‘I’m a surgeon – these 3 colours in your urine should prompt an immediate GP visit’


From clear to brown coloured-urine, a simple check after you’ve been to the toilet could help identify a hidden health condition. Urination is an essential bodily function needed for eliminating waste products, maintaining fluid balance, and assessing kidney function.

The average person urinates between six and seven times in 24 hours, but between four and 10 is still considered healthy. Depending on how much liquid you have consumed in the day, your urine will appear different in colour, with many of us aware that a dark yellow hue can signal dehydration.

Similarly, urine that is completely clear means you have drunk too much water, and could be at risk for water poisoning. However, there are some colours that can appear in urine that should be cause for alarm.

Mr Hamid Abboudi, consultant urological surgeon at the Imperial College Healthcare NHS Trust, warned of three specific colours in your urine that should not be ignored.

Speaking exclusively with Express.co.uk , he said: “The colour of your urine can tell you a lot about your health, so it’s always worth a glance before you flush.”

The colours to be particularly wary of, according to Hamid, are orange, pink and red. Orange urine could indicate a serious liver problem.

“Very dark or orange urine can be a sign of severe dehydration or a problem with the liver, especially if your poo has also turned pale or white,” he said. “ This should always prompt you to see your GP.”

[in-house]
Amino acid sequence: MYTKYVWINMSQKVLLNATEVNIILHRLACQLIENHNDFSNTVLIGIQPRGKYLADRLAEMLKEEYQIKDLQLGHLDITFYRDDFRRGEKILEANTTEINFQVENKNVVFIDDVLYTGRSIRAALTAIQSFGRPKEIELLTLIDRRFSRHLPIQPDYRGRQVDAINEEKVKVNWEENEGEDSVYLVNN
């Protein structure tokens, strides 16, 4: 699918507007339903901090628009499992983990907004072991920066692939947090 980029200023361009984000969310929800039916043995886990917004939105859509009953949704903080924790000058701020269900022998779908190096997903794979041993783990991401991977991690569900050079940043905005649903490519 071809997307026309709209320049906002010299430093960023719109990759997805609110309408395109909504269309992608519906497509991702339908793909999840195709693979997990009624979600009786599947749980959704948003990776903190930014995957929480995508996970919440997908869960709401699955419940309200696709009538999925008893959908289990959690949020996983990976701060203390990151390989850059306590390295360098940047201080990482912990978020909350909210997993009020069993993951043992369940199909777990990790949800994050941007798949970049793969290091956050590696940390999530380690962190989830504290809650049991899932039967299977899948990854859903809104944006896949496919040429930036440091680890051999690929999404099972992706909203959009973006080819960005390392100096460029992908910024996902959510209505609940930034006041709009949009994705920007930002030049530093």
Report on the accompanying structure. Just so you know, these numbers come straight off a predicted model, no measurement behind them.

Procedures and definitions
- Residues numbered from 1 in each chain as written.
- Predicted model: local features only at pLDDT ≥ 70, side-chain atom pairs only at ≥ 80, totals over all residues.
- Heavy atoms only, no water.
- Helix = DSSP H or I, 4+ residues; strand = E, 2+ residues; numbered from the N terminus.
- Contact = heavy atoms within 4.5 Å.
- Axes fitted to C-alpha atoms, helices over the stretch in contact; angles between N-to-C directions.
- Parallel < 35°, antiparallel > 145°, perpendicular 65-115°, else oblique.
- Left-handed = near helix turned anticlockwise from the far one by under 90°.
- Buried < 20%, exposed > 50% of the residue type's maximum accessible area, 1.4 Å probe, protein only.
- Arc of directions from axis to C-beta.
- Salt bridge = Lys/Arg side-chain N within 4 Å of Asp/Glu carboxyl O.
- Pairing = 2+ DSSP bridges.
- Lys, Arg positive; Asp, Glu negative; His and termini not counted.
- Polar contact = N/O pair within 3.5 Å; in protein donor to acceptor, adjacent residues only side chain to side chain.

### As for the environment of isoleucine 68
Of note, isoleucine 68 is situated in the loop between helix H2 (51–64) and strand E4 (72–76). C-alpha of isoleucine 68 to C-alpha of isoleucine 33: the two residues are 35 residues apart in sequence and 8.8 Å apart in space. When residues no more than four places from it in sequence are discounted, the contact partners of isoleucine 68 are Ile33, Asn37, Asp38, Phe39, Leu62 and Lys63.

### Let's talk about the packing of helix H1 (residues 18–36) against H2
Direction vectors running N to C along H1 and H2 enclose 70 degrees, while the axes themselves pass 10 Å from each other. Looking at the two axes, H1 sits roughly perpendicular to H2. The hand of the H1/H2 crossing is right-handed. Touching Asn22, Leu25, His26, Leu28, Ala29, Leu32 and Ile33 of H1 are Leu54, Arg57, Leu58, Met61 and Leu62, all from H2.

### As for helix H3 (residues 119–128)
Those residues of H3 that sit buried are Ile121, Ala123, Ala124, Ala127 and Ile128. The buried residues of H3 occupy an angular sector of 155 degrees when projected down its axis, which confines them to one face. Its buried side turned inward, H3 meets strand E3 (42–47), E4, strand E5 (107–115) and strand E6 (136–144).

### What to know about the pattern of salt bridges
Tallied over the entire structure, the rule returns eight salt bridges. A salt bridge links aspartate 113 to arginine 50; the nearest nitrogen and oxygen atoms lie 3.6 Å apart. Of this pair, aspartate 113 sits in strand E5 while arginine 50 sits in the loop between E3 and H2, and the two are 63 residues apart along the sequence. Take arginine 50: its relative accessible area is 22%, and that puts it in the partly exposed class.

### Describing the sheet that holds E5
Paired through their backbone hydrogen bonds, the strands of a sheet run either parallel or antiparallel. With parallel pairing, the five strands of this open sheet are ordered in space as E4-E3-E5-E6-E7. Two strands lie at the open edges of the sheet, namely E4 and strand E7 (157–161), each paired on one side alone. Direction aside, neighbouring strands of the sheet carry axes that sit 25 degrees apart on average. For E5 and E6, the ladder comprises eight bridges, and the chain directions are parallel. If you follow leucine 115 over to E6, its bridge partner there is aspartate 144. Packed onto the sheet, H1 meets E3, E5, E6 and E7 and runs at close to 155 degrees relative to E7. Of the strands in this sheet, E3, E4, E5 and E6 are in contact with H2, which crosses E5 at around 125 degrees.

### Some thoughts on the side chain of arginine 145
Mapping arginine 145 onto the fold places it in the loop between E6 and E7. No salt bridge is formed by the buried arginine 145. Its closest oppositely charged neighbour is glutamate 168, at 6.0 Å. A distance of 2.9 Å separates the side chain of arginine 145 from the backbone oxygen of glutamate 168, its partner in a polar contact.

He continued: “A red or a pink tinge to your urine could represent the presence of blood, which should always prompt you to see your GP or a urologist.

“Blood in the urine can be caused by a variety of things including a urinary tract infection, kidney stones, kidney disease, non-cancerous enlargement of the prostate and certain medications.

“It is also important to rule out prostate, kidney or bladder cancer. Your GP or urologist can perform simple tests to make sure the bleeding is not from any of these causes.”

Hamid listed other colours and types of urine that can be linked to a health issue.

Pale yellow urine

Normal urine is pale yellow in colour, meaning you are likely to be drinking the right amount of water and are well hydrated.

Dark yellow urine

Dark yellow urine is concentrated, which can be a sign of dehydration.

He said: “Dehydration can have negative effects on your kidneys and can lead to other medical problems like kidney stones.

“Kidney stones can be extremely painful, so staying well hydrated is important.”

Clear or colourless urine

It is important, however, not to drink too much water as over hydration can also cause problems, he said.

Hamid said: “Drinking too much water can cause an imbalance in the sodium level in your blood which can cause kidney damage, seizures and can even be fatal. Thankfully this is rare.”

Cloudy urine

Cloudy urine, or the presence of visible sediment, may suggest a urine infection.

Hamid added: “If cloudiness is accompanied by a burning sensation when you urinate and/or a fever then an infection is more likely and you should see your GP.

“If infections are frequent or hard to treat, your doctor is likely to refer you to a urologist for more specialist investigations and treatment.”

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